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Schmidt: Rejuvenate old apple trees

By Staff | Feb 14, 2014

There are lots of backyard apple trees in North Dakota. Most of these trees are tall, rarely pruned, and never sprayed. These trees provide some nice flowers in spring, some shade in summer, and a few nice fruits in the fall. According to Tom Kalb, NDSU Extension Horticulturalist, this is nice but we can do better.

Tom recommends pruning the tree every winter which will get more sunlight into the canopy leading to brighter red apples. Pruning the tree every winter will increase air movement in the canopy helping to prevent diseases such as apple scab, which thrive on humidity.

Pruning the tree every winter will also keep it at a more manageable size. This will make it easier for you to spray the tree (if needed), and harvest the fruit.

Young apple trees should be trained into “Christmas tree” shapes to maximize sunlight in the canopy. In the case of an overgrown tree, it’s too late for that type of shaping. In most cases, we will go for an umbrella shape now, with branches arching in all directions from the main trunk, not allowing the major scaffold branches to exceed 12 feet tall.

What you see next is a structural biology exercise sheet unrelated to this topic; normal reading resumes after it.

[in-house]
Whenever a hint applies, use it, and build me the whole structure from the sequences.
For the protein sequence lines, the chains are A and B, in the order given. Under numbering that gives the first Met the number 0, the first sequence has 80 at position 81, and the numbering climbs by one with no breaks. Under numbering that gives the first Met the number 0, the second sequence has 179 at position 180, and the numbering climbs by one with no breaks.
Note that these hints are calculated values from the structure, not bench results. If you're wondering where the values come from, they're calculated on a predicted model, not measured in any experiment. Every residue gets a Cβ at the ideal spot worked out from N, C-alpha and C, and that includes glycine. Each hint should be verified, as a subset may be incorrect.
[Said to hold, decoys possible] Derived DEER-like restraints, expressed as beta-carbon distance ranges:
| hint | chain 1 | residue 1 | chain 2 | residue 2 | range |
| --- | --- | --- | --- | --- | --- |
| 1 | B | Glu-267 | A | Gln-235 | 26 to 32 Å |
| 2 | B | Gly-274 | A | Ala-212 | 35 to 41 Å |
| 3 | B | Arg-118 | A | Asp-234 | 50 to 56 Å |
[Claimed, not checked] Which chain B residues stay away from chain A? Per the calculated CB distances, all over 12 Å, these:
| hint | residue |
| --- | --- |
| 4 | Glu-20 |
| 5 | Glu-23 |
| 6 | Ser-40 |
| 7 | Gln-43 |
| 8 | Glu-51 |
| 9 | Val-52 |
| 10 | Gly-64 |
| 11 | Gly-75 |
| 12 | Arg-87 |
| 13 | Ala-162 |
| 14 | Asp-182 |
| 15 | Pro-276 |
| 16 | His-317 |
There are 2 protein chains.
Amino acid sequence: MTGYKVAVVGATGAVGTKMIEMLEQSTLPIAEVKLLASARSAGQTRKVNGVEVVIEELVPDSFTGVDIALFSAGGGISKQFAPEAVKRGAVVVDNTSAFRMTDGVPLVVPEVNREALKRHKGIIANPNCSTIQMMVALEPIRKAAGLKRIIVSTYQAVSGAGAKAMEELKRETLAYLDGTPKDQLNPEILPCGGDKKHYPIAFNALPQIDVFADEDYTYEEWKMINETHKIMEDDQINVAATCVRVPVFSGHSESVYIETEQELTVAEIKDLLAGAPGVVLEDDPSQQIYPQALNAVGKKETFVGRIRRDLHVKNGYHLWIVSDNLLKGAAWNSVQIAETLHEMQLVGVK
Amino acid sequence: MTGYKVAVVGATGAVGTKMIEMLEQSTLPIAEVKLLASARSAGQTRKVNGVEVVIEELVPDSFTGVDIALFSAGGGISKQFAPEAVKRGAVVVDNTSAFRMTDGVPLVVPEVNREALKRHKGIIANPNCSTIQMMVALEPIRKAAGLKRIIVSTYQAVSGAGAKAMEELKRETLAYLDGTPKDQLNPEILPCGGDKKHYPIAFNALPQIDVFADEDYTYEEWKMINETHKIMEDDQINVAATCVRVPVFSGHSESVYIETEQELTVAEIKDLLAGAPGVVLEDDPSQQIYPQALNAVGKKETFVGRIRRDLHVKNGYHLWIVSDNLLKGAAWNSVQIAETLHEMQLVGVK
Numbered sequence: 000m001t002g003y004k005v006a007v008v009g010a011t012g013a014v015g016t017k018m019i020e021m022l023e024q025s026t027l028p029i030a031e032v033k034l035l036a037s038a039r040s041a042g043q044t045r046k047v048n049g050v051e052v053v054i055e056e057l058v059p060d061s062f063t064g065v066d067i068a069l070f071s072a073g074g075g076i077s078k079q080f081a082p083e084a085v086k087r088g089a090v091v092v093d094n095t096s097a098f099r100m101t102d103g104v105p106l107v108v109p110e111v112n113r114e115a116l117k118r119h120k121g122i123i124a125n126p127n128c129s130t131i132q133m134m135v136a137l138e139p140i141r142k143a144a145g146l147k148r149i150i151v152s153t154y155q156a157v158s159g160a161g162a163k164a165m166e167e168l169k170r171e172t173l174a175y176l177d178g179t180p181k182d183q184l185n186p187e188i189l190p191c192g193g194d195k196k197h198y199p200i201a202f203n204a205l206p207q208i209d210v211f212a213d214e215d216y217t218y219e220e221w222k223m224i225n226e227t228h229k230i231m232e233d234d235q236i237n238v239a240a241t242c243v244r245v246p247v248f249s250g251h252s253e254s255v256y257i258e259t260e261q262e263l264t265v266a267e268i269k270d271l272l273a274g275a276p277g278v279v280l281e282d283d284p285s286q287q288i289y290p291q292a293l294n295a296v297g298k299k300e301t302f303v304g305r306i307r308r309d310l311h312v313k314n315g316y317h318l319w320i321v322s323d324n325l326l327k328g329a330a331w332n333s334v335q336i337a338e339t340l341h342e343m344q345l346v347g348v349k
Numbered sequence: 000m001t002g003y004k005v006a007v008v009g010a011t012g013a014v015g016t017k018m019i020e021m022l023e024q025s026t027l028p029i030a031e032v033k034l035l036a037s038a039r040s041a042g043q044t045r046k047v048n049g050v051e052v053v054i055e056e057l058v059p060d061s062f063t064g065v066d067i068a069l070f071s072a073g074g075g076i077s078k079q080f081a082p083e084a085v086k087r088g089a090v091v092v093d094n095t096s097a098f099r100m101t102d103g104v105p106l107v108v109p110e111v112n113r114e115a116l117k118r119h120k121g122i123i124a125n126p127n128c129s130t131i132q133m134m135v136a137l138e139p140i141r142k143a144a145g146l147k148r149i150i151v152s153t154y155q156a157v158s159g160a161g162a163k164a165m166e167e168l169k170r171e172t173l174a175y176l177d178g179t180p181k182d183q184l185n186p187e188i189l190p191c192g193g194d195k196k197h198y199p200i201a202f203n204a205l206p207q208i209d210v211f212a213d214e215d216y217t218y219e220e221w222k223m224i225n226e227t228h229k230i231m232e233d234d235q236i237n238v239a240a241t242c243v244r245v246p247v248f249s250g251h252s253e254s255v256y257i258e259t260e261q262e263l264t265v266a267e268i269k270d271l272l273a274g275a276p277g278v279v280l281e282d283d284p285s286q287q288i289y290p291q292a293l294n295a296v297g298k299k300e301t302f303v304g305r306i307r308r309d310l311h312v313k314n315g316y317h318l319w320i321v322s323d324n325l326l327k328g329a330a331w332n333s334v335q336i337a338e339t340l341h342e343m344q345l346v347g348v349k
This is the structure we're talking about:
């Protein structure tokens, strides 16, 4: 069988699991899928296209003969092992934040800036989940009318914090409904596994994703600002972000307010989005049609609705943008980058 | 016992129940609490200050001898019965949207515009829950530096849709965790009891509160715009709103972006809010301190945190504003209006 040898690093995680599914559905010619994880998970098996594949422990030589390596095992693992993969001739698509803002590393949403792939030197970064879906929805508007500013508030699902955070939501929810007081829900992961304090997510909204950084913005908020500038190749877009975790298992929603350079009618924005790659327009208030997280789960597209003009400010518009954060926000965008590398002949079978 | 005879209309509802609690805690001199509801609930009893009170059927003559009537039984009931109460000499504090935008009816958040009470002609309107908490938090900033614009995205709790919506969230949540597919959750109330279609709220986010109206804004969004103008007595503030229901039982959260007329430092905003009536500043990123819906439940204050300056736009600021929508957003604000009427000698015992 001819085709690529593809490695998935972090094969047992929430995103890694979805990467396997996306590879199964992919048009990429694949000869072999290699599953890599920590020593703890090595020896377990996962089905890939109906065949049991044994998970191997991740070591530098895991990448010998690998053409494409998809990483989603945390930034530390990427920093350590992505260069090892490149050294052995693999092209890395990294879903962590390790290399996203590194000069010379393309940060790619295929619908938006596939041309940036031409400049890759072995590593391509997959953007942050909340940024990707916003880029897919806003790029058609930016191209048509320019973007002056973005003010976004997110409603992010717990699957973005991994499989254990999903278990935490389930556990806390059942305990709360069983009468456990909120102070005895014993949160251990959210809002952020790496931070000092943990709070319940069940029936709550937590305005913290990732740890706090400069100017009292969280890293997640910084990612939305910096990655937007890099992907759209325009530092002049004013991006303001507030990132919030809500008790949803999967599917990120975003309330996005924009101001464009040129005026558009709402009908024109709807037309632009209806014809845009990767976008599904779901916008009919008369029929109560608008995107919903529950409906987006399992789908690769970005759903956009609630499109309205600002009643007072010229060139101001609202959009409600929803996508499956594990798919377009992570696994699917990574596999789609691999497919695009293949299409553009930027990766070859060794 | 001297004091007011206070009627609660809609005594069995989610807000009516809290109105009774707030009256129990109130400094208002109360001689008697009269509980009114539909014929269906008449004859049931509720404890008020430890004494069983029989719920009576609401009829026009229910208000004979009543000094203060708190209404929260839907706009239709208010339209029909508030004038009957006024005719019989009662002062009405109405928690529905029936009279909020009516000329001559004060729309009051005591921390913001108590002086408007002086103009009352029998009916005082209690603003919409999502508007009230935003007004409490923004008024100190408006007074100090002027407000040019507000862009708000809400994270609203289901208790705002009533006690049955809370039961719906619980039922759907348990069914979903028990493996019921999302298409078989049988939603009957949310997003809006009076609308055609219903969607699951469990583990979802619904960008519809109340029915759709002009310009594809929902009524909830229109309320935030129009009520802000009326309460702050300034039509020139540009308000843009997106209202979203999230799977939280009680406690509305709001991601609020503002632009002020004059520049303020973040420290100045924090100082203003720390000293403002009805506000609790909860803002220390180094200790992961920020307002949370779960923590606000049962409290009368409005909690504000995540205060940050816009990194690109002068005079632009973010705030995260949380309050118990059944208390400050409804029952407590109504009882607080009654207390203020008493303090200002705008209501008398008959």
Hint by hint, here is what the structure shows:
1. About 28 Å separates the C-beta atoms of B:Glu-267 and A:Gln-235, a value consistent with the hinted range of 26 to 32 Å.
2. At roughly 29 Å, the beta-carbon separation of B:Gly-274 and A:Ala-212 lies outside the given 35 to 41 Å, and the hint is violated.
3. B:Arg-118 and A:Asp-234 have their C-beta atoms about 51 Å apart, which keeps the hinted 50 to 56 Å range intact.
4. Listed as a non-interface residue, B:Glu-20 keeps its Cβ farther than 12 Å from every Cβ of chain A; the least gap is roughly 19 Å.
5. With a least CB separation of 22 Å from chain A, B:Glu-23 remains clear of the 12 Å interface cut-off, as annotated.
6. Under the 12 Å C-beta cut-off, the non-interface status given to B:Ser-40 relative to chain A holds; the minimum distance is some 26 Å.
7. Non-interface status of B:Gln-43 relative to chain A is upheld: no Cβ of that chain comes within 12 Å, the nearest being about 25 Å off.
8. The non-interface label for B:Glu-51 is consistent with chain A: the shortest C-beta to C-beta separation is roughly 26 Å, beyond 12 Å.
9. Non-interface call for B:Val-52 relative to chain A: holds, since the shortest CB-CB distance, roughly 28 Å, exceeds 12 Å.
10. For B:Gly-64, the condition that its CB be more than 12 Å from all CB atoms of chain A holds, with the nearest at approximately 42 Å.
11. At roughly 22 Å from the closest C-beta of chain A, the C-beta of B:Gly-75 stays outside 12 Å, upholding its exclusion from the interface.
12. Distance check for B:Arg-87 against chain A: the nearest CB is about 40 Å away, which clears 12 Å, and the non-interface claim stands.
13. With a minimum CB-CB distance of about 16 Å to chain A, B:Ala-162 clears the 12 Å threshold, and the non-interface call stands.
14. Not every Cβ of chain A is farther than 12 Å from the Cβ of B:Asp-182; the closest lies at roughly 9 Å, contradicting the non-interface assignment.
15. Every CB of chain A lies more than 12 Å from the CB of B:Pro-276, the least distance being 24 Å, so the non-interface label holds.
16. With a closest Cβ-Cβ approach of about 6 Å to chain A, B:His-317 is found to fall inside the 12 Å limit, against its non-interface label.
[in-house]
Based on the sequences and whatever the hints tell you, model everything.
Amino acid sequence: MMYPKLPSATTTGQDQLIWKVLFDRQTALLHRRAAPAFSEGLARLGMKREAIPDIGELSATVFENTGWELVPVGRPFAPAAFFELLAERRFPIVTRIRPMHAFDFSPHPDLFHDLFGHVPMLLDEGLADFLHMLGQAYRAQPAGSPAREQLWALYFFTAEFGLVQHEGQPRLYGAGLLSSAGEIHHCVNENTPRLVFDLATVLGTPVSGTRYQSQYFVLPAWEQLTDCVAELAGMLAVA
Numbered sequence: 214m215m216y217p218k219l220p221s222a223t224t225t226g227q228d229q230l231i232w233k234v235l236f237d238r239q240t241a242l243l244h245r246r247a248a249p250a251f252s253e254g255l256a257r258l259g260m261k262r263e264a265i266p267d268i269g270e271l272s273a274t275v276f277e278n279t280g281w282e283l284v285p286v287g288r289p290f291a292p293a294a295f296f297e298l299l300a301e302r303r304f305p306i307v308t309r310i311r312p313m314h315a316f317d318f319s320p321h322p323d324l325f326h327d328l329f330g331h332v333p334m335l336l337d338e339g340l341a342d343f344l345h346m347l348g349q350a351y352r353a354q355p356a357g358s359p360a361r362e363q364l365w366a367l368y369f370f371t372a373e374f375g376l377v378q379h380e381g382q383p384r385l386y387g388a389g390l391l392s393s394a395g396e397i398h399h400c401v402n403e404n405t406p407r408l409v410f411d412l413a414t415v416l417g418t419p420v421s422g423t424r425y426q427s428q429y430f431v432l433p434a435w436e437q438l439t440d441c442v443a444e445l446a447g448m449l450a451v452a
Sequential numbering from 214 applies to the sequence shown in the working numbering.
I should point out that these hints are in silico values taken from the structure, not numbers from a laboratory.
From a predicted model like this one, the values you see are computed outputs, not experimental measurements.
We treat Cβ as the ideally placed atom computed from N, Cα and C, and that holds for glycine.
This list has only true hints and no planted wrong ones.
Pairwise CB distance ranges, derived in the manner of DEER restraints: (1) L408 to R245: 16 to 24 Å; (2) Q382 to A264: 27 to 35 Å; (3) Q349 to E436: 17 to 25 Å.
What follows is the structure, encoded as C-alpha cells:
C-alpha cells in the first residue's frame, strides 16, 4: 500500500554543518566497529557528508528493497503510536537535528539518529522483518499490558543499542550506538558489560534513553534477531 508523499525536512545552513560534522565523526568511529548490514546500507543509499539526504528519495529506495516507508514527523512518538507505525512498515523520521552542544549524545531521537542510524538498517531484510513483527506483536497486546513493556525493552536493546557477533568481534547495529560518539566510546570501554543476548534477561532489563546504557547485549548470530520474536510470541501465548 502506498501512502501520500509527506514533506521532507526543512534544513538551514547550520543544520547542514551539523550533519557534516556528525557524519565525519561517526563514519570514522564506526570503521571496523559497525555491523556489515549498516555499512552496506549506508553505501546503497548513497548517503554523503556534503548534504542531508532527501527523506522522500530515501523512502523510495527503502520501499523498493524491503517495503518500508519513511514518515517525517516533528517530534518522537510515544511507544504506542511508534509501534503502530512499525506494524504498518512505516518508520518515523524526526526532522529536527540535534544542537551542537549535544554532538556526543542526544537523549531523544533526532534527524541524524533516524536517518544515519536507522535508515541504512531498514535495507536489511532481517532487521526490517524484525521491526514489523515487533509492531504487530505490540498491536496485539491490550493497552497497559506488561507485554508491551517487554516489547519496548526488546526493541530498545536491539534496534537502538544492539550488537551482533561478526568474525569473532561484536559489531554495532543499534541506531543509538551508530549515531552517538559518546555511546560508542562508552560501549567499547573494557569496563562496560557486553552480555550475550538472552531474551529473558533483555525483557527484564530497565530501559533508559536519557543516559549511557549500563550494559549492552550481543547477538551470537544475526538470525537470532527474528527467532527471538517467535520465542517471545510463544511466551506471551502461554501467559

Unfortunately, there are no quick fixes for rejuvenating old apple trees. Old trees that have been neglected for years will take years to get back into decent shape. The best time to prune is in March since the tree is dormant and the wounds will not be exposed to the worst of winter. However, anytime the tree is dormant (including today) it is okay to prune.

During the first year of rejuvenating an old apple tree, the focus will be on reducing the height of the tree. The ultimate goal is to bring the tree down to 12 feet tall.

We want to establish a network of sturdy branches, preferably at 60-degree angles from the trunk (Fig 5). Using the face of a clock as our guide, the strongest, most productive branches should be at angles of 2 and 10 o’clock.

Search for sturdy branches about four inches thick within the old canopy. We want young, strong branches; these branches have glossy bark (old branches are scaly). When we identify a strong scaffold branch, we will trim above it. The overall effect will be to bring the tree down to size (Fig. 5).

To avoid sunscald damage and shocking the tree, try not to remove more than 25 percent of the tree’s wood at any one time. It’s best to give yourself at least two years to reshape the tree.

Remove the clutter within the tree. Remove suckers at the base branches that cross over one another vertical branches in the canopy (called water sprouts), broken branches, and inward facing branches. Remember, we want to open the canopy to maximize sunlight and air movement.